There’s only so much Stephen King I can take because, at the sentence level, because he doesn’t quite give me what I want. Just the same, there’s only so much literary fiction I can take because, sometimes, I just want to read a damn good enjoyable book.

    When I first started writing, I wrote very bad sci fi stories. Then I switched genres, and wrote less bad literary fiction, selling one story. Now, I’m writing less bad spec fic with literary elements. I think genre fiction can have literary elements, as I do with my own writing, but those elements are more so found in short stories than novels.

    Regardless, people tend to pan genre novels because the top sellers aren’t chock full of literary elements, And if they do have those elements, bookstores don’t put them in the genre sections because the author and publisher insist they aren’t genre. Case in point, The Time Traveler’s Wife, The Handmaid’s Tale, Oryx and Crake, and The Year of the Flood.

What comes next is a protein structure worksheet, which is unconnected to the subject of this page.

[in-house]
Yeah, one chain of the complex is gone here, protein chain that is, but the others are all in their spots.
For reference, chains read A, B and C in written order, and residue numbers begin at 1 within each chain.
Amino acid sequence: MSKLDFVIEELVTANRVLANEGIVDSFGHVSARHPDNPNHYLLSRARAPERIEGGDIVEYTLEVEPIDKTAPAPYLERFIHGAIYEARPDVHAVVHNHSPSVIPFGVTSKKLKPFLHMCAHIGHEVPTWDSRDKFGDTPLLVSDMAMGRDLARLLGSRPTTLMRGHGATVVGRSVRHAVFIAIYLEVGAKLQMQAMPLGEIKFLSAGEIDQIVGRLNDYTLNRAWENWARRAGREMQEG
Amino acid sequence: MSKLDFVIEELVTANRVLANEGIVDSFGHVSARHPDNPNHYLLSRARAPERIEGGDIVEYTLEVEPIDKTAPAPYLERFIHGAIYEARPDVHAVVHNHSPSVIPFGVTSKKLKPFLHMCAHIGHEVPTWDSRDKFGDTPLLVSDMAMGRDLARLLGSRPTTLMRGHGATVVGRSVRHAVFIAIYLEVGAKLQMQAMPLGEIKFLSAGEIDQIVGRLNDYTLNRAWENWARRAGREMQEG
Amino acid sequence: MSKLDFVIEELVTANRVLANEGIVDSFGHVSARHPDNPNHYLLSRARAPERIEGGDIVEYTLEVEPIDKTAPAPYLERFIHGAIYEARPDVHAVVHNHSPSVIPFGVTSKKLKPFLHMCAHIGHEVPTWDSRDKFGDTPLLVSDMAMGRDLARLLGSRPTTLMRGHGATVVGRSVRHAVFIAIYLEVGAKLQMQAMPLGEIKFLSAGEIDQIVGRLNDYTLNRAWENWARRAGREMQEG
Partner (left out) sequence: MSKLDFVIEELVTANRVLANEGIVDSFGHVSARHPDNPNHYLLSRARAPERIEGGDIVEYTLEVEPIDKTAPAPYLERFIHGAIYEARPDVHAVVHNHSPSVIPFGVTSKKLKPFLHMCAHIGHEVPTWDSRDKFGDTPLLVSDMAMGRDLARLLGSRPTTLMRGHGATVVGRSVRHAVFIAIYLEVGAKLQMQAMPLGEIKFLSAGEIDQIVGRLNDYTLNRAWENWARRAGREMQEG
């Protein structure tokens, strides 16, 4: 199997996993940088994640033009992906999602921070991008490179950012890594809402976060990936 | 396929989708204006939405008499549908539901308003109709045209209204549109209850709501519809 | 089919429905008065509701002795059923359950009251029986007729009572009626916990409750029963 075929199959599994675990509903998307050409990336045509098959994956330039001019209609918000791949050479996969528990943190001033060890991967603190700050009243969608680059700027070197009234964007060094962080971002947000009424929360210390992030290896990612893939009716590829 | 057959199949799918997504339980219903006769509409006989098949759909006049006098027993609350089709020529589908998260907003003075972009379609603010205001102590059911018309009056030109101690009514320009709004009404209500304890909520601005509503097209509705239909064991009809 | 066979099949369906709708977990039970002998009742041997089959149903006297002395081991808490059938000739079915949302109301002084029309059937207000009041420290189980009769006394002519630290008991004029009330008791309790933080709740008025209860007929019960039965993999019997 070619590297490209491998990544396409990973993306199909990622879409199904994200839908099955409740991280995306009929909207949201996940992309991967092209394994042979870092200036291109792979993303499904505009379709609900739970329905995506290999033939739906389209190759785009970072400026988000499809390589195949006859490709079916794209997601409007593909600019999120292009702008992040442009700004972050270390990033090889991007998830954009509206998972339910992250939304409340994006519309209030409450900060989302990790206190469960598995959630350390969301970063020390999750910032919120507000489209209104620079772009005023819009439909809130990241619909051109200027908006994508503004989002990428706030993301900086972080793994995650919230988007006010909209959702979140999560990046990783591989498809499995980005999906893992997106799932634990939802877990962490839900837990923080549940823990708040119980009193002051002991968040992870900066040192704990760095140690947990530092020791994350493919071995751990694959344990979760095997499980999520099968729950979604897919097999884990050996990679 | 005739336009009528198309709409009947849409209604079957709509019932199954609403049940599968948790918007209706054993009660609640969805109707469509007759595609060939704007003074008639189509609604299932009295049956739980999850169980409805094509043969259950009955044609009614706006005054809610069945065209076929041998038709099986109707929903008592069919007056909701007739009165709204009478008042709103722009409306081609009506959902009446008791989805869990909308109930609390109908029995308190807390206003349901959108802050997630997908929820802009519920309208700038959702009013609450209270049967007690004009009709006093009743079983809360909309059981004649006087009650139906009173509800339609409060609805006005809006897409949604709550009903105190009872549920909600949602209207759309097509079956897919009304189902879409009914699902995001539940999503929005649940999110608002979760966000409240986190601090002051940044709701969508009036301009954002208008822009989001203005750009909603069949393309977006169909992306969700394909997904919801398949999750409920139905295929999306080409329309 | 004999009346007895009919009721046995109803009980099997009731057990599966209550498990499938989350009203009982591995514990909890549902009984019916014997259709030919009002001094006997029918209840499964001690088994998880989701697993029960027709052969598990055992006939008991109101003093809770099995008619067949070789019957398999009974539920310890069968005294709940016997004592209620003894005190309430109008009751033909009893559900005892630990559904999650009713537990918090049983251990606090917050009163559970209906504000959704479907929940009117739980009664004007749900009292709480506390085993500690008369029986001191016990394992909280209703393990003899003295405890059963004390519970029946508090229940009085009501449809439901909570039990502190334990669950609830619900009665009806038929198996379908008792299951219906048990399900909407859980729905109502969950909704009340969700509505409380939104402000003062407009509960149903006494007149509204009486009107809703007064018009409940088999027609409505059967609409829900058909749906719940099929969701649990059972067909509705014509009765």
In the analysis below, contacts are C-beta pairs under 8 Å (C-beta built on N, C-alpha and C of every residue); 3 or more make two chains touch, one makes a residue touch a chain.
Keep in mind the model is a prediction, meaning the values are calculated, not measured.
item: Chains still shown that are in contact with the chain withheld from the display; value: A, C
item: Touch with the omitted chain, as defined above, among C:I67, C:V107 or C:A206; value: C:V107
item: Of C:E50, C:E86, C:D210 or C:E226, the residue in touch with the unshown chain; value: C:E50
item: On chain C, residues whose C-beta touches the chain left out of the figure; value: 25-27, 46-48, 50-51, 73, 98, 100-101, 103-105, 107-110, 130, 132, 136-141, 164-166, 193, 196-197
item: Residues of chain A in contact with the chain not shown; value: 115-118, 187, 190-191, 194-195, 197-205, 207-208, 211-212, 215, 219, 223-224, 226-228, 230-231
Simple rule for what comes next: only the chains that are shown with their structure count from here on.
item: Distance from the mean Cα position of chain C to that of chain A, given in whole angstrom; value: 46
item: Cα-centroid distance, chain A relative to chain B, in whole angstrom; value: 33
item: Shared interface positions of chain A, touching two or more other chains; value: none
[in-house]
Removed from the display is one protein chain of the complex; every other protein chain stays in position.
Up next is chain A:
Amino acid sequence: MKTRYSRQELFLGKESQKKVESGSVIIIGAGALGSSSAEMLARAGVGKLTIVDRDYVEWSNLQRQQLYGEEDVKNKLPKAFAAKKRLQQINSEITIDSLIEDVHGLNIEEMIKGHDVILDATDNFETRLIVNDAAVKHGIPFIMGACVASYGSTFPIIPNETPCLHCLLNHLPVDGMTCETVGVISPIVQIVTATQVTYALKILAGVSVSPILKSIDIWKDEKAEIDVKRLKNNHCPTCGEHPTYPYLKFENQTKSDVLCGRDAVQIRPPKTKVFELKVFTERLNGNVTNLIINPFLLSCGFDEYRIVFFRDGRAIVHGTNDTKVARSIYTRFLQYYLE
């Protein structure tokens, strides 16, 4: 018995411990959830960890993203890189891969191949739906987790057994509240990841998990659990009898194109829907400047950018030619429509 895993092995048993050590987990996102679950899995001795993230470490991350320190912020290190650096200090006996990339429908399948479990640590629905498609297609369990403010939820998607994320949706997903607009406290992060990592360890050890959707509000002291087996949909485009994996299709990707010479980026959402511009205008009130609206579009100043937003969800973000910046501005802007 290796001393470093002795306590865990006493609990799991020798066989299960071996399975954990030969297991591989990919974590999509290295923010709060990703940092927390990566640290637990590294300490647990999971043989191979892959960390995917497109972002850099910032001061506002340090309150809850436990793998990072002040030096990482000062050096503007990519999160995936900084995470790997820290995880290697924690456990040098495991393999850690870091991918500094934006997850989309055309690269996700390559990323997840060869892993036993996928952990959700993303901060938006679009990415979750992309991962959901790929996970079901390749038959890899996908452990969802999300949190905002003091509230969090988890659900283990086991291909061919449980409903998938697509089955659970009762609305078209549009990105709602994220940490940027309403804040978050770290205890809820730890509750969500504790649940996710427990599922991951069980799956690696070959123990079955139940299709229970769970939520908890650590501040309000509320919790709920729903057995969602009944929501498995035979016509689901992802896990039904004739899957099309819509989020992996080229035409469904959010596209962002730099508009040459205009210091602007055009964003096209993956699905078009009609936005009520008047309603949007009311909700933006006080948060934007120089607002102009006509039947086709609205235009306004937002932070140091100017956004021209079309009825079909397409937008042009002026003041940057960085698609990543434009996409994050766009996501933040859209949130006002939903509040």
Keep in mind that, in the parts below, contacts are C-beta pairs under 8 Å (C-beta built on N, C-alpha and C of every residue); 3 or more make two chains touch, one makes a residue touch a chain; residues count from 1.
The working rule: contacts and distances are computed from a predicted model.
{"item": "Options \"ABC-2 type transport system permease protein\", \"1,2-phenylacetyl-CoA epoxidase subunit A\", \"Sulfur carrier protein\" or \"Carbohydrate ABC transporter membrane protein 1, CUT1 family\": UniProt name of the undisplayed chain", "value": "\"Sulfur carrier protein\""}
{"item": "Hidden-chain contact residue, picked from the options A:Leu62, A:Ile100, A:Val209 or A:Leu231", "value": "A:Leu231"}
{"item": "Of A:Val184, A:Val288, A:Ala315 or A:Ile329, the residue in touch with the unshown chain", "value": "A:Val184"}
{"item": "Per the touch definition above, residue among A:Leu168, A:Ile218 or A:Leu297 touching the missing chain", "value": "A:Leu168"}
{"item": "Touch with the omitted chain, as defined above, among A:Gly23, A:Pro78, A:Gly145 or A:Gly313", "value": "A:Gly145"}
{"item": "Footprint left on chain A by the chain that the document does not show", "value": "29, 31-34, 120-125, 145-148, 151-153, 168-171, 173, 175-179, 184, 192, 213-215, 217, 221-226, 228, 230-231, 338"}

1. R. H. Kanakia

      Actually, I think that Stephen King is one of the more literary genre writers. He certainly has an appreciation for detail, and part of the joy of reading his novels (although I have to say that I haven’t read very many of them) is in his description of a certain kind blue-collar American life.

      I also think that there’s plenty of genre work which has sentence-level beauty. But I don’t think it’s anyone’s duty to seek out this work. Beautiful genre work is most pleasing to people who are able to appreciate both the beauty and the genre elements. To those who read it just for the beauty, it’s likely to not be as satisfying. Similarly, literary work with genre elements is often displeasing to genre readers who can’t appreciate its beauty (i.e. all of the genre readers who criticized Oryx and Crake or The Road for being cliche).

      Personally, I’ll confess that I’m more tolerant of a lack of sentence-level beauty than most readers. If a badly-written book shows me something that I haven’t seen before–a story structure, a setting, a character, a situation–then I am usually perfectly willing to fall under its spell. I think that flawed books are important, because they sometimes contain things that well-written books do not.